Recently in the small congregation where I serve as pastor, three women died in the span of just over a month.
Gladys had been way ahead of her time for most of her 95 years; she was a professor of marketing in a male-dominated business world. Ruth, a woman of impeccable New England pedigree, introduced two generations of high school students to the poetry of Blake, Shelley, and Wordsworth. And Anne was a German immigrant who qualified for the 1944 Olympics but was unable to compete because of the war.
Their lives were remarkable testimonies to committed Christian faith, and my congregation continues to grieve the loss of these women.
When they died, we did what a small congregation can and should do: surrounded the families with love, celebrated their lives in moving services of memory and witness to the resurrection, and (of course) ate potluck meals together that only church people can pull off.
It might have been overwhelming, especially for the pastor: three memorial services in less than a month, pastoral care to the widowers and families of these women, and even the anxiety of keeping all of the details straight. This does not even take into account that all of this happened as the Lenten season was ending and Easter was arriving.
But it wasn’t overwhelming, even for the pastor. And this made me wonder, why not?
When the church is at its best, it is a community of genuine faith, hope, and love. The church tells its story together, stories of how God has worked in our lives as individuals and as a group. The church hopes together in the promises that God has made to be present with us in the ups and downs of our lives. The church actually lives in love for one another through acts of compassion and kindness. In other words, the church becomes a sacramental reminder of God’s grace.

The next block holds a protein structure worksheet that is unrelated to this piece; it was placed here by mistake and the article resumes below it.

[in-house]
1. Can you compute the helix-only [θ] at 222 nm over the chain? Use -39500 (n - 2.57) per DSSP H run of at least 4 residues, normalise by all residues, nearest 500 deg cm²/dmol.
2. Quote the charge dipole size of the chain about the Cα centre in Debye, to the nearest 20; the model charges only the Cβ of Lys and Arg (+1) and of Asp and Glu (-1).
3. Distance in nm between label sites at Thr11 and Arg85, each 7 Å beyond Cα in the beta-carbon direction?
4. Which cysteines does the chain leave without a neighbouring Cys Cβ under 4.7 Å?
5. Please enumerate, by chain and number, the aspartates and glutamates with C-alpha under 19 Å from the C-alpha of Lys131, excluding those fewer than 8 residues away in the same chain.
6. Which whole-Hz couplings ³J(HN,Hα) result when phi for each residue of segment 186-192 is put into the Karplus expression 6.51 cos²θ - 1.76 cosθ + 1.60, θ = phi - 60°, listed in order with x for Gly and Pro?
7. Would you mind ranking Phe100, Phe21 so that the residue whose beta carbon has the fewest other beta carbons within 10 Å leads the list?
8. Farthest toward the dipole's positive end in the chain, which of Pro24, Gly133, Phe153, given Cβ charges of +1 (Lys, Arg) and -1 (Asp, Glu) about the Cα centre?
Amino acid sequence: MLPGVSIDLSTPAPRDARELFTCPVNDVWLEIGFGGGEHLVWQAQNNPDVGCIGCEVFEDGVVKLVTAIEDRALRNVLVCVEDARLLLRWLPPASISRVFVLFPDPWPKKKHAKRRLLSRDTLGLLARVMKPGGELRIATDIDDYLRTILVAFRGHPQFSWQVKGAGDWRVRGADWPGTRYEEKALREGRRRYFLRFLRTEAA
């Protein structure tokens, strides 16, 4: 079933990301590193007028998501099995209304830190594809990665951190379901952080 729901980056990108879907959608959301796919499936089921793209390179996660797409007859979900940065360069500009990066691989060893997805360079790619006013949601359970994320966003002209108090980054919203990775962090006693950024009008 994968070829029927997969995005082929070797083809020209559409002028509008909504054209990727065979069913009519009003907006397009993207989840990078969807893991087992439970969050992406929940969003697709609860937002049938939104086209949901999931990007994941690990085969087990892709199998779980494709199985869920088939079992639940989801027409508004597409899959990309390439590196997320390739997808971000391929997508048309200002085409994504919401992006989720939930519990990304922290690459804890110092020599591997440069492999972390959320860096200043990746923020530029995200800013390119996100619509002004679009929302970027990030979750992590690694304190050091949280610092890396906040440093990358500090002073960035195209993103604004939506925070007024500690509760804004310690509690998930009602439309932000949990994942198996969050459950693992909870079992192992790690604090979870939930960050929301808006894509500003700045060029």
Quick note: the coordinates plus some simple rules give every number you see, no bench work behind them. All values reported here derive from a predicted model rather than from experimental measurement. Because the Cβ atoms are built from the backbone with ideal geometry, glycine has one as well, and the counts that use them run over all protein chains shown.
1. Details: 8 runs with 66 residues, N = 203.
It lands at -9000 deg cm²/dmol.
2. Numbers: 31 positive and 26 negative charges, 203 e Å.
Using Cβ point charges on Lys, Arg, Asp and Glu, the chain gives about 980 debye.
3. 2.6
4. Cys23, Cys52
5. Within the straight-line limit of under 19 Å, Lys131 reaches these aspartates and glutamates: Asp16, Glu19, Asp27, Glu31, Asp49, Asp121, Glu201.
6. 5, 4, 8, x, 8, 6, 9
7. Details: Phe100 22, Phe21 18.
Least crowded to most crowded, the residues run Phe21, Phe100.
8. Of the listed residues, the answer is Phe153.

When the church is at its best, it builds up rather than weighs down.
I am now about to enter my fifteenth year as an ordained pastor. Every once in a while I am reminded how awesome a responsibility the work of a pastor is. Not only do people entrust to the church some of the most sacred moments of their lives, they also look to the church to embody the very presence of the resurrected Christ in the world.
For this recent reminder, I give thanks not only to God, but to Gladys, Ruth, and Anne as well.
Scott Seay is Associate Professor of the History of Global Christianity at Christian Theological Seminary and Interim Director of The Discipleship Project. He is an ordained minister in the Christian Church (Disciples of Christ). The Center for Pastoral Excellence at CTS addresses the long arc of ministry from discernment to training to sustaining excellence ministry. To request permission to repost this content, please contact firstname.lastname@example.org.